But I want to say a few things about how I think about structural inequalities in my own work as I enter my third year as Director of the Reuters Institute for the Study of Journalism, and about our way ahead.
I am a privileged, affluent, highly educated white man leading a privileged institution at a privileged university in a privileged part of the world. We carry the Reuters name, which we are extremely proud of, even as we are also conscious of its history of imperial entanglements. We are part of the University of Oxford, which has its own multitude of issues to face. We have the privilege of working with loads and loads of other privileged people, organizations, and institutions across news media, governments, and the technology sector. We need to reckon with who we at the institute do and do not serve, just as the profession and industry we engage with needs to face its own reckoning. If “the public”, in James Carey’s parlance, is journalism’s god-term, I suppose “journalism” is our god-term. And just as any mention of how journalism serves the public should prompt the question “what public?”, our invocation of journalism prompts the question “which journalists?”
I want to be very clear, I am very proud of the work we do, and of the legacy we build on. But I also know there is always room for improvement, and that improvement requires self-examination and new priorities. So here are some notes on how I think about how our work can serve multiple, diverse journalisms.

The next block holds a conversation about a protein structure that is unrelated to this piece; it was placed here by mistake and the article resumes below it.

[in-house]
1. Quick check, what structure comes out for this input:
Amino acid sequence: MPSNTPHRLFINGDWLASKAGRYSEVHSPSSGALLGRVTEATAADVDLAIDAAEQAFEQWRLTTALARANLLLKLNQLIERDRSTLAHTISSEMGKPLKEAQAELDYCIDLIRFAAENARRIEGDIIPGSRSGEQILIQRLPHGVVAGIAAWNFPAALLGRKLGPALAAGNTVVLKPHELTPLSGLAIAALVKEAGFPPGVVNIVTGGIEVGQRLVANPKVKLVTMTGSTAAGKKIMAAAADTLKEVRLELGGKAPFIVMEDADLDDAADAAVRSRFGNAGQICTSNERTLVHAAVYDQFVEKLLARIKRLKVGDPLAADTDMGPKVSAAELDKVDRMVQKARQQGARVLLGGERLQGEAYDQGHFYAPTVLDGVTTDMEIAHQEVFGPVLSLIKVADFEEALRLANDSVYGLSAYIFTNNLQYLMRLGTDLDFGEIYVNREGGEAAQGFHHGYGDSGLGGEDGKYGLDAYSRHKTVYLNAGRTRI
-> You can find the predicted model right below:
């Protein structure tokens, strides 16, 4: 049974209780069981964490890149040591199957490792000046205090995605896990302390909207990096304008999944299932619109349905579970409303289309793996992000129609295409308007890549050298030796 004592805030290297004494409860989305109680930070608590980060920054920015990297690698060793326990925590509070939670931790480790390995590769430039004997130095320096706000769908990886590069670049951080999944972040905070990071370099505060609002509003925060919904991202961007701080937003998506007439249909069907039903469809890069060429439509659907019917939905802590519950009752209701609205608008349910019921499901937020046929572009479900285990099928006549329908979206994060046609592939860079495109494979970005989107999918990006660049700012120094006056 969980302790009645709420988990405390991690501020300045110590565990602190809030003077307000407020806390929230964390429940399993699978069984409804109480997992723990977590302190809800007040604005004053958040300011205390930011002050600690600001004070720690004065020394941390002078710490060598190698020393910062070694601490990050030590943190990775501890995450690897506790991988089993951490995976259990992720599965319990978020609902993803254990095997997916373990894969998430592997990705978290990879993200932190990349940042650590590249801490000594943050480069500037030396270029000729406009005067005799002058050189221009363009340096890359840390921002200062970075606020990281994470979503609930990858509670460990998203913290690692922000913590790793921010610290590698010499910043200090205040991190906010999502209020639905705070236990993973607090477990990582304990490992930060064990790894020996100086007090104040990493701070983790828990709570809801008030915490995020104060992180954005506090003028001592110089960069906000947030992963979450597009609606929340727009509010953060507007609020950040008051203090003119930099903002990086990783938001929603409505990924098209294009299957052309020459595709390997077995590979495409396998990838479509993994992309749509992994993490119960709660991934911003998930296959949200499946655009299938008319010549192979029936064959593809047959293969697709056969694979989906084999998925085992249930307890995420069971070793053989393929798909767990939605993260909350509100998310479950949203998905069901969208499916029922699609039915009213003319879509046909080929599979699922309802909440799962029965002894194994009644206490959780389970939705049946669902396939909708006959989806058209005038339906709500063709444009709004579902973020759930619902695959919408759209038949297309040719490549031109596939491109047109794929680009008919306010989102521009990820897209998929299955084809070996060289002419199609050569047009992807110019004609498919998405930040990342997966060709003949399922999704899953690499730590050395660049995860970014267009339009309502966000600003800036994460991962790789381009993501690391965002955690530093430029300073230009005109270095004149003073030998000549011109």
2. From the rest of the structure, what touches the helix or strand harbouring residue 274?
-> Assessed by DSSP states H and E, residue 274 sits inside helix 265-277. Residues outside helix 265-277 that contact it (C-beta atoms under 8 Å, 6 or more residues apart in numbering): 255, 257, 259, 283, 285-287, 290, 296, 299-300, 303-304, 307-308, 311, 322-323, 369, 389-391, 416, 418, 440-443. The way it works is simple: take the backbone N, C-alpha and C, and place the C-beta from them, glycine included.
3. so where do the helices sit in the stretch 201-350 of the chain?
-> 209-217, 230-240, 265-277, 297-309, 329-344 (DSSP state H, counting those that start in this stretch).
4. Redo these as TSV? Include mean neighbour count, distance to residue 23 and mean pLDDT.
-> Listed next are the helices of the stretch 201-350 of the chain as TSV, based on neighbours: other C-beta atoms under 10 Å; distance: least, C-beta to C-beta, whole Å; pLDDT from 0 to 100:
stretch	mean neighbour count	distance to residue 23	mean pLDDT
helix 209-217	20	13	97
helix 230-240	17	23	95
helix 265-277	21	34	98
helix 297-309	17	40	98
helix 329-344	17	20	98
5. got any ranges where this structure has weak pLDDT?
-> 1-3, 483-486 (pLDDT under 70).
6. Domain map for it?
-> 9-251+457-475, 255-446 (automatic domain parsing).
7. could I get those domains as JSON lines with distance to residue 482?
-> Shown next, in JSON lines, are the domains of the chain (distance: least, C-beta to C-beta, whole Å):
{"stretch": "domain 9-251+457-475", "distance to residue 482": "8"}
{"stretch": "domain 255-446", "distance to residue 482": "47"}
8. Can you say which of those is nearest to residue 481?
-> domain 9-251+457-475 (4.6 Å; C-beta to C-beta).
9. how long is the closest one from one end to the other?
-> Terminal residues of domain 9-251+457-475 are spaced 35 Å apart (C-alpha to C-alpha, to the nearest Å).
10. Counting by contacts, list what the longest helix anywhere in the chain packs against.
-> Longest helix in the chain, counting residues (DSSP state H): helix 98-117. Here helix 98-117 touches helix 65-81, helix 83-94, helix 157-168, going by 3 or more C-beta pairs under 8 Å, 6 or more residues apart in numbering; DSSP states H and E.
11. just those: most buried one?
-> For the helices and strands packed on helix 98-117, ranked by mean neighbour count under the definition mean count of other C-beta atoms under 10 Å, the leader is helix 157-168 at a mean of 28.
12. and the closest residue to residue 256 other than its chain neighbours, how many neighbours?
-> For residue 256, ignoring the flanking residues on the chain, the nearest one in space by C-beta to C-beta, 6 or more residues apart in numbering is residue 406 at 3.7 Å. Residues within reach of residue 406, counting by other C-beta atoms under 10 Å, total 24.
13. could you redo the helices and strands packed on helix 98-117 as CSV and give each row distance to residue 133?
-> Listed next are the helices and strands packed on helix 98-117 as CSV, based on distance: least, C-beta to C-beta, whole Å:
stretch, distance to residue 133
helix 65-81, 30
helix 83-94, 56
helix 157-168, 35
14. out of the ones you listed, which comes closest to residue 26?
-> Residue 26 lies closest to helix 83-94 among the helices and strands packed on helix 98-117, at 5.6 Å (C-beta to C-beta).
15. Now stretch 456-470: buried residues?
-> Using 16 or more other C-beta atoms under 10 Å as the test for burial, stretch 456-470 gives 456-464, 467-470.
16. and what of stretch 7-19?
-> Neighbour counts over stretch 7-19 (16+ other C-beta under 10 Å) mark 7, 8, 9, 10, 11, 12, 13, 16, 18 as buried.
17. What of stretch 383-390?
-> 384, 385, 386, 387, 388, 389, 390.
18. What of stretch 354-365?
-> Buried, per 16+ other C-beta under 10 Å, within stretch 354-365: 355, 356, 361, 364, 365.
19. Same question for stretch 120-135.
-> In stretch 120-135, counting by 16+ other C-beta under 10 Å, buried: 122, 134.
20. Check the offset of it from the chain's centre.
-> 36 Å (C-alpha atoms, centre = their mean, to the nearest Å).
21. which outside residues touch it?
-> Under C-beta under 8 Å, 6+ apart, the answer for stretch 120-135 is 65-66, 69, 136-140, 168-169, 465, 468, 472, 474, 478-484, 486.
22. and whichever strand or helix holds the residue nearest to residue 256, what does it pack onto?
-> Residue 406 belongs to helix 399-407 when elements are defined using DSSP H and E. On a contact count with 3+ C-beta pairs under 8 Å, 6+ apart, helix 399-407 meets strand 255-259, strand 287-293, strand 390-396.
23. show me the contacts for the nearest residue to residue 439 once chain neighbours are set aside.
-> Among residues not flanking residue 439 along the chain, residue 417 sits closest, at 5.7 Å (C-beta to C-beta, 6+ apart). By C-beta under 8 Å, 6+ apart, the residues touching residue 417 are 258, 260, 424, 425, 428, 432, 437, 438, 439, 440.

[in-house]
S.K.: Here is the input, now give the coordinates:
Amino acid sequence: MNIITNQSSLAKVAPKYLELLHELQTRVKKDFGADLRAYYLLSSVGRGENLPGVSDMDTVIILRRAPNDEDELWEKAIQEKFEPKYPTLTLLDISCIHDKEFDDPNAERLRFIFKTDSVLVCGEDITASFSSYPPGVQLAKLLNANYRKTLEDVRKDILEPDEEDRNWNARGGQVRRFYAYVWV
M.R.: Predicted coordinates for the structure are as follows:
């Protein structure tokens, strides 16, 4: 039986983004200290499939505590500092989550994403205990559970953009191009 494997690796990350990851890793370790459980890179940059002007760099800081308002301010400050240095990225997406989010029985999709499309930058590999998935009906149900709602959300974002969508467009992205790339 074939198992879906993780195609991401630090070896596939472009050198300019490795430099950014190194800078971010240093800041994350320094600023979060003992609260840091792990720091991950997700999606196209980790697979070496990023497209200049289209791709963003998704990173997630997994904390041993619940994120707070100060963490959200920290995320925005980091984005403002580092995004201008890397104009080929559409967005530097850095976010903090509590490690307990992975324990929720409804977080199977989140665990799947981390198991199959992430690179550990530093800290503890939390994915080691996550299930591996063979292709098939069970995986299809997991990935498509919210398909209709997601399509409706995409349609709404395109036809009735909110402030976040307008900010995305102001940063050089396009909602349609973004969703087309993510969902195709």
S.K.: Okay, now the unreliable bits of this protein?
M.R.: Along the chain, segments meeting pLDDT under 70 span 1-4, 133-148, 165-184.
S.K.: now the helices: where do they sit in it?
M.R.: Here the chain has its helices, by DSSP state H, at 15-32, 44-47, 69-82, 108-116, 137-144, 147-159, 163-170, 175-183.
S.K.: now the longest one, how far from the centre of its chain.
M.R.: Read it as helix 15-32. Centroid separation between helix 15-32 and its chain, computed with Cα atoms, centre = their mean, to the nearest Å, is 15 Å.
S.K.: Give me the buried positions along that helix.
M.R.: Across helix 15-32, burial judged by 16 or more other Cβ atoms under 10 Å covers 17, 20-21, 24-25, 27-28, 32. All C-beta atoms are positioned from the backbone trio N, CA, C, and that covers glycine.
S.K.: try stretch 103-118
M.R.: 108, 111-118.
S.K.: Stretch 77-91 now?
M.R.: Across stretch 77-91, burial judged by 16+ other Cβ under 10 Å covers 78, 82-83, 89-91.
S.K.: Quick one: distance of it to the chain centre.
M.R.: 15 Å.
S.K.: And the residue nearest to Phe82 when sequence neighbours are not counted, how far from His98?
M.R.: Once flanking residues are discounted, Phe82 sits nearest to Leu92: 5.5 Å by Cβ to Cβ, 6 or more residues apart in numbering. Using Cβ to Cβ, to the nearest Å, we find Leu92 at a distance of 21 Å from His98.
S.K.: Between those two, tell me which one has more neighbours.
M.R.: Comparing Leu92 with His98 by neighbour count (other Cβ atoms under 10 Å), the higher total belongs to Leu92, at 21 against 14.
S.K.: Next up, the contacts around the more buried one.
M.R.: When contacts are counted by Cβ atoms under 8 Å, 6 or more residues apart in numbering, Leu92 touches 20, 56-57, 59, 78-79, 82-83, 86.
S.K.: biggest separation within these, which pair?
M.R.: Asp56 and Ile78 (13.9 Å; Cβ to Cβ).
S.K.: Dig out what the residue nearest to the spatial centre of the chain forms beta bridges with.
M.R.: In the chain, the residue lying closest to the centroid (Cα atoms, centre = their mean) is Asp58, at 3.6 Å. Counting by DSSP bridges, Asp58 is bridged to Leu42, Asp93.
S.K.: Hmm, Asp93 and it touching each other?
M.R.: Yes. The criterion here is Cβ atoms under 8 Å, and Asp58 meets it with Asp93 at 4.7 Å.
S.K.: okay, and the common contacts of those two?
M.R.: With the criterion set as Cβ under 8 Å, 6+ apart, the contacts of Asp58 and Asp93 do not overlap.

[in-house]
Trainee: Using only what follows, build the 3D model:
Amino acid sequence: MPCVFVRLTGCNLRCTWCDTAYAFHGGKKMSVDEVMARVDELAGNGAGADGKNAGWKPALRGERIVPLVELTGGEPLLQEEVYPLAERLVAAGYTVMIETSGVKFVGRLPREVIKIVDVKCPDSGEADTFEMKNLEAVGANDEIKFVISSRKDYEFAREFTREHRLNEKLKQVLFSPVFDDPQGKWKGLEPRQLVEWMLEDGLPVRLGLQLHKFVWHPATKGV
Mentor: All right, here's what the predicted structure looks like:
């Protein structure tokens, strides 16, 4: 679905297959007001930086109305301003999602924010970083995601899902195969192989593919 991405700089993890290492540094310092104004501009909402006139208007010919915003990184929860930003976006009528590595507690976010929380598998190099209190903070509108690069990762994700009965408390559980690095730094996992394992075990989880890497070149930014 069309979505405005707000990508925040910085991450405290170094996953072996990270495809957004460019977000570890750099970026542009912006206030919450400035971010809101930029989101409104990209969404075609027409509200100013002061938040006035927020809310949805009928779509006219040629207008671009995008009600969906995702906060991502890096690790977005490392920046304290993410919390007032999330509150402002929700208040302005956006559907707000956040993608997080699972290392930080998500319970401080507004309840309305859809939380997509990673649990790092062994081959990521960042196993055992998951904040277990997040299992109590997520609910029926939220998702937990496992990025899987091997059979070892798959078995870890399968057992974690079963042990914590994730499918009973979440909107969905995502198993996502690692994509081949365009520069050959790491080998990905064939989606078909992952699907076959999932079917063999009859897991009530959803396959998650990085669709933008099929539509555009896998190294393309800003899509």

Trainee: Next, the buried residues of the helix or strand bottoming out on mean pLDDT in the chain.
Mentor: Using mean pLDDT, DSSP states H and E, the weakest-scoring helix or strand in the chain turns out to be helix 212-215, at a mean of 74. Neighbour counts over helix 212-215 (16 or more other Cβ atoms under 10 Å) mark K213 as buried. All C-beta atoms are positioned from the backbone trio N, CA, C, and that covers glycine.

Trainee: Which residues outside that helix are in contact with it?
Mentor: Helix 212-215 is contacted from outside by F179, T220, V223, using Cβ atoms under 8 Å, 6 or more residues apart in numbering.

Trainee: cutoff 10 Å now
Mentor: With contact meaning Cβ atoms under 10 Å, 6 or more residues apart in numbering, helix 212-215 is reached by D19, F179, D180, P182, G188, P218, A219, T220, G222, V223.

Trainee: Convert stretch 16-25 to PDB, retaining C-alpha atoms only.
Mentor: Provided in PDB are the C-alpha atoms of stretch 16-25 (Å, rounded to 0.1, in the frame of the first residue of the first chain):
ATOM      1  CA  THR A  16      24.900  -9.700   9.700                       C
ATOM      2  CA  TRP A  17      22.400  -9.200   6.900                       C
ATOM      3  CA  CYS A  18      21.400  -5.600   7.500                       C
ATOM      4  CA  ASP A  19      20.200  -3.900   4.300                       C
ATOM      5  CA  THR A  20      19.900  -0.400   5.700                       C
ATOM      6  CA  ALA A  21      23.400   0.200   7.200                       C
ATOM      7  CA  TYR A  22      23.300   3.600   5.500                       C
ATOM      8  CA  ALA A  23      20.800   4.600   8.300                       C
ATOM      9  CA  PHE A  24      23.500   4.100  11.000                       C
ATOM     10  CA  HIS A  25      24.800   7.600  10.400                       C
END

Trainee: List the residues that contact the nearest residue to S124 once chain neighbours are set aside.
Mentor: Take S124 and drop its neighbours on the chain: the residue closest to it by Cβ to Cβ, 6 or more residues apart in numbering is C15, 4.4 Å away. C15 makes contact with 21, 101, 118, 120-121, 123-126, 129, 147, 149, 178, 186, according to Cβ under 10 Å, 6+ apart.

We do three things at the institute, we run programs for mid-career journalists, we offer leadership programs for editors and news media executives, and we run research programs. Beyond this we work hard to communicate our work and deliver on the debate and engagement parts of our mission.
To better understand how we are doing in terms of serving multiple, diverse journalisms, we are introducing a set of internal diversity trackers at the institute across these starting this term, inspired in our own small way by the important 50:50 project founded by Ros Atkins at the BBC and now adopted by many different news media. We have adapted their three core principles – collect data to effect change, measure what you control, and never compromise on quality – to create our own simple and flexible self-monitoring system across our activities. The tracking is partial and limited because it has to be practical, and what we track vary by area, but broadly, we are tracking gender (like the 50:50 project) as well as geography (because our mission is global), and for speakers we feature in our seminars, a basic white/non-white coding. We are missing out on many important things (class, religion, sexuality, etc.) but I hope this will be useful nonetheless.